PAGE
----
Chapter

Stump on the Nature of Atonement

E. J. Coffman

in Reason, Metaphysics, and Mind

Published in print February 2012 | ISBN: 9780199766864
Published online May 2012 | e-ISBN: 9780199932184 | DOI: http://dx.doi.org/10.1093/acprof:oso/9780199766864.003.0013
Stump on the Nature of Atonement

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In “The Nature of the Atonement,” Eleonore Stump explores the problem of human sin that the atonement is meant to solve, helpfully uncovering important adequacy conditions for theories of atonement. She then uses those conditions to critically evaluate Anselmian and Thomistic theories of atonement, arguing that the Thomist has a leg up on the Anselmian when it comes to the atonement-motivating problem of human sin. This paper argues for two claims. First, Stump’s two seemingly independent further problems for theorists of atonement in fact reduce to a single challenge, which suggests a strategy for future theorizing about the atonement. Second, Stump’s own account of shame implies that the Anselmian’ difficulties on this front are less serious than she suggests. Her case that the Thomist outperforms the Anselmian on the problem of human sin is thus weaker than it initially appears.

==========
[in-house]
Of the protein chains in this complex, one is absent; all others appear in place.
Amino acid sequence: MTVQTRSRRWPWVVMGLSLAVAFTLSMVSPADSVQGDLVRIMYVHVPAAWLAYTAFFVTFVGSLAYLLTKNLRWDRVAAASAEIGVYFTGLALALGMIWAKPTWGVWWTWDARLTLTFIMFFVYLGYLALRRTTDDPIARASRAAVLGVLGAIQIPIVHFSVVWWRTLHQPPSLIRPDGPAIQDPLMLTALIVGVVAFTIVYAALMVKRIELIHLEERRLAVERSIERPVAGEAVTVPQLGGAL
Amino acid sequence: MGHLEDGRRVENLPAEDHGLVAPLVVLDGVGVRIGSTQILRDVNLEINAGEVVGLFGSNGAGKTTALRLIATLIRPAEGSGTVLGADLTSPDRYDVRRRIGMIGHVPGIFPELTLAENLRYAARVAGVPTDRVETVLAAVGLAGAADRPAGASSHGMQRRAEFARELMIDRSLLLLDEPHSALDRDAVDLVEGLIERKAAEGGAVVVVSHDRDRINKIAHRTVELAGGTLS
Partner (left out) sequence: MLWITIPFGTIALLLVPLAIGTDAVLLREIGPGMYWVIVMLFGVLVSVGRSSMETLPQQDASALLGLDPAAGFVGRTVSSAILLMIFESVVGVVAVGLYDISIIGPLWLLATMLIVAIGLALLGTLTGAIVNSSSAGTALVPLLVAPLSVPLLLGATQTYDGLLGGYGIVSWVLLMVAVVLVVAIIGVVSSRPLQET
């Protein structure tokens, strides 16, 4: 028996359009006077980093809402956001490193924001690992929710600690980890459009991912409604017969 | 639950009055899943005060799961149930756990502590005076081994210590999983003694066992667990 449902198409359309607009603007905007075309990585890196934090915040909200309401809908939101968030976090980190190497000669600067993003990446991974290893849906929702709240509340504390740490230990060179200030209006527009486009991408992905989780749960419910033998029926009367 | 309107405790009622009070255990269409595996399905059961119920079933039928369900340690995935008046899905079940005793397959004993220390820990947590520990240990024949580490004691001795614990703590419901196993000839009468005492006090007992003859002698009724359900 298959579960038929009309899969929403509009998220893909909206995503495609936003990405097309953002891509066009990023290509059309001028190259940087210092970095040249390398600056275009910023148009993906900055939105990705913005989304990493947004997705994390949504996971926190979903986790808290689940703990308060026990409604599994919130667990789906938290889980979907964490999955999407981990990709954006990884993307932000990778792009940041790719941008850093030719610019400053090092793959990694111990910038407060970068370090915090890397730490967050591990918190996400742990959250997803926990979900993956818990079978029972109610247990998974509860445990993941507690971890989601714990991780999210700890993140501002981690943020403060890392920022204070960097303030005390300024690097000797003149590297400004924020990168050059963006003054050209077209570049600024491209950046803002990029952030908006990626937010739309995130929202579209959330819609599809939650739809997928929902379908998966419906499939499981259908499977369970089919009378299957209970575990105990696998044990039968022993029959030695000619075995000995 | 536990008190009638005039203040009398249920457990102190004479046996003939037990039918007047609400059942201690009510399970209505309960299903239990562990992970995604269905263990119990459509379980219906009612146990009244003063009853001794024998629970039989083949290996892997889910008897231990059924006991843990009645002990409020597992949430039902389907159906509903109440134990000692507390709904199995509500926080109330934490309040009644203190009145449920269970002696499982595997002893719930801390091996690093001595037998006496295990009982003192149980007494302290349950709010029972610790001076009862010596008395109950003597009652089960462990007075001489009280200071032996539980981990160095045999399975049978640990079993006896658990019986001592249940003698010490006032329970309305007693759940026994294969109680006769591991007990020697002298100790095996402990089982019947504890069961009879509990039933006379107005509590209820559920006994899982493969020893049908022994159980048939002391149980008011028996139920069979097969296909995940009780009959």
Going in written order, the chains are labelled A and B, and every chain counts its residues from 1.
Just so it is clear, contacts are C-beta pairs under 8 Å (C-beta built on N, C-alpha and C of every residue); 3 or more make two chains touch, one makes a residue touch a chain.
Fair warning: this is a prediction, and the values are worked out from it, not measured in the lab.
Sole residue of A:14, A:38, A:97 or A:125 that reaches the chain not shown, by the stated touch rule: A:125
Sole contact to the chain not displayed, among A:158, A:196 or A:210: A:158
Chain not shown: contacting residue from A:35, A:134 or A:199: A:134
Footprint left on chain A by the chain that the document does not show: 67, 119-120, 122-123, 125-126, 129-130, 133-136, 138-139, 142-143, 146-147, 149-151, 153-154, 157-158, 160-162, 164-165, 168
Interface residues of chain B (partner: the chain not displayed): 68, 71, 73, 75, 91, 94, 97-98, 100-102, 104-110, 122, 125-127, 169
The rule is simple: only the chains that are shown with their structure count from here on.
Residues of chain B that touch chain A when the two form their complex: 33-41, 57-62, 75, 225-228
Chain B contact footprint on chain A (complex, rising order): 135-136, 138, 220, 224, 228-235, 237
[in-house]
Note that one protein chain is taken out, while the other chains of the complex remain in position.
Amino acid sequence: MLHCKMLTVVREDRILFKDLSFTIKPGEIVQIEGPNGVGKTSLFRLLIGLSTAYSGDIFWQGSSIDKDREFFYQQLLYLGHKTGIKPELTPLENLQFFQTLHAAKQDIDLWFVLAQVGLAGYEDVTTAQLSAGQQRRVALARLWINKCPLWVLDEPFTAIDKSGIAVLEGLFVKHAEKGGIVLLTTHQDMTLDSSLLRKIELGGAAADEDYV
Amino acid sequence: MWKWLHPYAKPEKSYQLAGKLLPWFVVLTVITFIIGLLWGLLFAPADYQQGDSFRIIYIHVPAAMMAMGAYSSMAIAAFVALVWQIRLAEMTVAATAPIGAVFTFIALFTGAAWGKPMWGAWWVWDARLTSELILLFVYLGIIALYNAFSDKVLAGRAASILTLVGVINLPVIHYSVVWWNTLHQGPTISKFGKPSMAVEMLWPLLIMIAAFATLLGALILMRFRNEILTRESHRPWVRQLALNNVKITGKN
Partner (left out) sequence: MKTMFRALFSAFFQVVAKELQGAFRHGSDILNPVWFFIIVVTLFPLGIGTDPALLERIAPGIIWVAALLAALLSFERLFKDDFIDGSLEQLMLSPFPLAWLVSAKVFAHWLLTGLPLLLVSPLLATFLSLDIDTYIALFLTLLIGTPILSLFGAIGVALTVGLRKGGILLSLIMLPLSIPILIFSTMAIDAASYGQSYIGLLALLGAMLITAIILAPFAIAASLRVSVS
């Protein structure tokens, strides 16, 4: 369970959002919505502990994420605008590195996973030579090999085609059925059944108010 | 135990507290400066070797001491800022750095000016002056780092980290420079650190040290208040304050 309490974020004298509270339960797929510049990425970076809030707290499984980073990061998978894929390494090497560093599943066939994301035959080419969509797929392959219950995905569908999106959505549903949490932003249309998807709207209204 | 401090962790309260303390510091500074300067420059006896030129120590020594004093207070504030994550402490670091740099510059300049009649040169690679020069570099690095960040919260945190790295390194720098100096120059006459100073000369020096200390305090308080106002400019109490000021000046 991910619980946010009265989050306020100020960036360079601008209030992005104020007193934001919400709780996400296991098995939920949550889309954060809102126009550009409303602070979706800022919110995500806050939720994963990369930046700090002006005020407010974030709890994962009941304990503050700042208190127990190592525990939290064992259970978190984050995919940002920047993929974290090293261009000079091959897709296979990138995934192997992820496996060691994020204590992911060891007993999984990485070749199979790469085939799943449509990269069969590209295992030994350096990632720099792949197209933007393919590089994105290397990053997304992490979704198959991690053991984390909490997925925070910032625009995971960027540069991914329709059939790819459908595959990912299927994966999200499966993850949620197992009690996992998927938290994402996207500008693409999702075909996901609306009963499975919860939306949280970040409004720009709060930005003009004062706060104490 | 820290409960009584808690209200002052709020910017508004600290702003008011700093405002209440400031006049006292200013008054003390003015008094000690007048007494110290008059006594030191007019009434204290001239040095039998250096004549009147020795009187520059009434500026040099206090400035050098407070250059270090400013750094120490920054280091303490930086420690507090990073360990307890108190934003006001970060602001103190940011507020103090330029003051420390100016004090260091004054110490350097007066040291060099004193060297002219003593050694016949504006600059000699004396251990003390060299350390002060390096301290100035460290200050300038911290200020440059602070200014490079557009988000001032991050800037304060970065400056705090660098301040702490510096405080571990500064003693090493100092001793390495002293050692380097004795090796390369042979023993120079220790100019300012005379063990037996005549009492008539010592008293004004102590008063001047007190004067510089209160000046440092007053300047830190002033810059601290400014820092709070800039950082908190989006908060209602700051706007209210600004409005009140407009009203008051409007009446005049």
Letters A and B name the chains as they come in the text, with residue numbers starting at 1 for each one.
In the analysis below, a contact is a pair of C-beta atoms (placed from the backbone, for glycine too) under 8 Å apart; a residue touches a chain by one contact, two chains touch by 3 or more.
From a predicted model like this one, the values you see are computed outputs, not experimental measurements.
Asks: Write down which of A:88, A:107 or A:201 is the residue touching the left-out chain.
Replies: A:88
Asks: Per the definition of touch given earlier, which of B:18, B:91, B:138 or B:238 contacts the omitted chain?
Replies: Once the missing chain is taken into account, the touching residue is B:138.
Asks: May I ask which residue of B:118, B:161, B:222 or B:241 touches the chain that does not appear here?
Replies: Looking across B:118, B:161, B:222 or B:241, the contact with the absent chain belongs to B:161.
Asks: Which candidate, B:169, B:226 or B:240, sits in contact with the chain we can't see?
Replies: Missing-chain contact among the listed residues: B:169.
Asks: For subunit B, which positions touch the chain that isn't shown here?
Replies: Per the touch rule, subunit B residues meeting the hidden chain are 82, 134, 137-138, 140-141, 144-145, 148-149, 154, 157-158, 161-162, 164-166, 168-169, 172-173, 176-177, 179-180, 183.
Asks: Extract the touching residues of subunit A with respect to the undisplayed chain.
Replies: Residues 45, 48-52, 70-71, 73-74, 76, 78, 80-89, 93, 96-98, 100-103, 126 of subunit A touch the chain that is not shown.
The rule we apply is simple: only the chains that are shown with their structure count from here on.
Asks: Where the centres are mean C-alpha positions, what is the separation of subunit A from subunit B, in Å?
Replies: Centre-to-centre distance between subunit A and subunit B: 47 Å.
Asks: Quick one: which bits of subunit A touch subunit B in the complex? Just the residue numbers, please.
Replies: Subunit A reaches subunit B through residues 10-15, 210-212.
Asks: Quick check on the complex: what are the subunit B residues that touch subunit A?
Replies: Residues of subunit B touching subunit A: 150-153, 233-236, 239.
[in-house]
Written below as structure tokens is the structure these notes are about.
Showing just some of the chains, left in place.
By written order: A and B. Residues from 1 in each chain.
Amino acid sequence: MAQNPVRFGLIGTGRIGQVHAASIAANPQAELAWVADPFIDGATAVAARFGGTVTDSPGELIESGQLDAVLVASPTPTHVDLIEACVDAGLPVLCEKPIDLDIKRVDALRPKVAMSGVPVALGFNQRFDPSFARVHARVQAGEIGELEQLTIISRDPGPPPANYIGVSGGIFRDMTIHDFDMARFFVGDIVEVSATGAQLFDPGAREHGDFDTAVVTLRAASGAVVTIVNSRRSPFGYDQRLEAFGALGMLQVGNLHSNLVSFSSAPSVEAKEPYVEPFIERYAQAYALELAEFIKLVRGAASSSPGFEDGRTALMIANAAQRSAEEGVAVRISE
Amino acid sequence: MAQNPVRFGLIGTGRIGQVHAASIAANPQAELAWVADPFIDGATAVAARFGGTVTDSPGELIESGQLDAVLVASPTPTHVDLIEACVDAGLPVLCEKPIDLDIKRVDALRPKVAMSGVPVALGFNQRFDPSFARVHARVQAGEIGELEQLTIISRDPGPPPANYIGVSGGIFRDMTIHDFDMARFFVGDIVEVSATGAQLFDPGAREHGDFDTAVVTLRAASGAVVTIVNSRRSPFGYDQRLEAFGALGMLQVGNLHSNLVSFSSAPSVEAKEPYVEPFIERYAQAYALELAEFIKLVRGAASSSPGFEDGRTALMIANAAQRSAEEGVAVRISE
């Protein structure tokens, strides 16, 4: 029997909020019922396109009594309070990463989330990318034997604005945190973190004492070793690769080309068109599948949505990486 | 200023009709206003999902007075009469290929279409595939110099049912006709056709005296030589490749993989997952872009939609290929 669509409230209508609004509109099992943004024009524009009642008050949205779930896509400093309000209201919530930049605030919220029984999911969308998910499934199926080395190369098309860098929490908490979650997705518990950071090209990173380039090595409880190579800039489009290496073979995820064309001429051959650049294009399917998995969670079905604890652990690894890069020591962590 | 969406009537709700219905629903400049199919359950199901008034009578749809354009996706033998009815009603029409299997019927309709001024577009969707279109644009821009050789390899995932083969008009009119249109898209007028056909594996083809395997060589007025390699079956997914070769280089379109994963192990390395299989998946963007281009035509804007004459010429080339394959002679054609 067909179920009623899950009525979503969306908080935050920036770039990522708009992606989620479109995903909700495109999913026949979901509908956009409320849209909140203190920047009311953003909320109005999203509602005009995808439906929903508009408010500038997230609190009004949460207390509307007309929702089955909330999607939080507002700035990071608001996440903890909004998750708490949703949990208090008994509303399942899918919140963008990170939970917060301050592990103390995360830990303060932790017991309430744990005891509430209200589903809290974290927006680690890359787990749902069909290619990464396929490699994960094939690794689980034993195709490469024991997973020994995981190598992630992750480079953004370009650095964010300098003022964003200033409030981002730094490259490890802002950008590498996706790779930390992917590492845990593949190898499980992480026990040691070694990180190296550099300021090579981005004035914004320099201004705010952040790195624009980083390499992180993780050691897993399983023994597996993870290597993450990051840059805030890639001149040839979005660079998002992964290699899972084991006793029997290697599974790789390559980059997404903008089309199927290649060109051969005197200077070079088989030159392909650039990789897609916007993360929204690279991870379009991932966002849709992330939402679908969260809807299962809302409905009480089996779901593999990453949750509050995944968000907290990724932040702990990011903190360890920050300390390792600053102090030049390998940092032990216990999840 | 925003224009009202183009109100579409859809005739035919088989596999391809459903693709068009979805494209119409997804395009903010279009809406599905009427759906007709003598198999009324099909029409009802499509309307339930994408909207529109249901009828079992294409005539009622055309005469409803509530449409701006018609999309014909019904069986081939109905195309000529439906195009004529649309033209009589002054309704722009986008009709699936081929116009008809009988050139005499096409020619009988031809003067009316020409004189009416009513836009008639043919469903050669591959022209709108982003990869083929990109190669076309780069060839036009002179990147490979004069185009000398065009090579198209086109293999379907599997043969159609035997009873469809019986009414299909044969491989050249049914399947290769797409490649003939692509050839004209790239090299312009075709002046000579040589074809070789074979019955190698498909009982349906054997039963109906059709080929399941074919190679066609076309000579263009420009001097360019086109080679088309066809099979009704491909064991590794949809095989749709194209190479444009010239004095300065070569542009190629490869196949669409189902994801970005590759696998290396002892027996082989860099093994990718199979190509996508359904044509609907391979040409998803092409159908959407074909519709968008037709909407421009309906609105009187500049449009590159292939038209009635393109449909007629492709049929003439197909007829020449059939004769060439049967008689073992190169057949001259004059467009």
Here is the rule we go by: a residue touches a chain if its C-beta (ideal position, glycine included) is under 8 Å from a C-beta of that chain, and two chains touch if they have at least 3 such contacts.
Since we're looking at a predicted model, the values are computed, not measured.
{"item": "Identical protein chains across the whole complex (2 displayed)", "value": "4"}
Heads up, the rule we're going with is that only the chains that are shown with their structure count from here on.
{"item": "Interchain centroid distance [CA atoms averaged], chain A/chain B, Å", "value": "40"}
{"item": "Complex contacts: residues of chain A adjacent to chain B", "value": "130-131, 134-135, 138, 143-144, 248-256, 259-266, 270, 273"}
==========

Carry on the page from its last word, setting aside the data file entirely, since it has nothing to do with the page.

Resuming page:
Keywords: atonement; sin; shame; guilt; Anselm; Aquinas

Chapter.  3195 words. 

Subjects: Metaphysics

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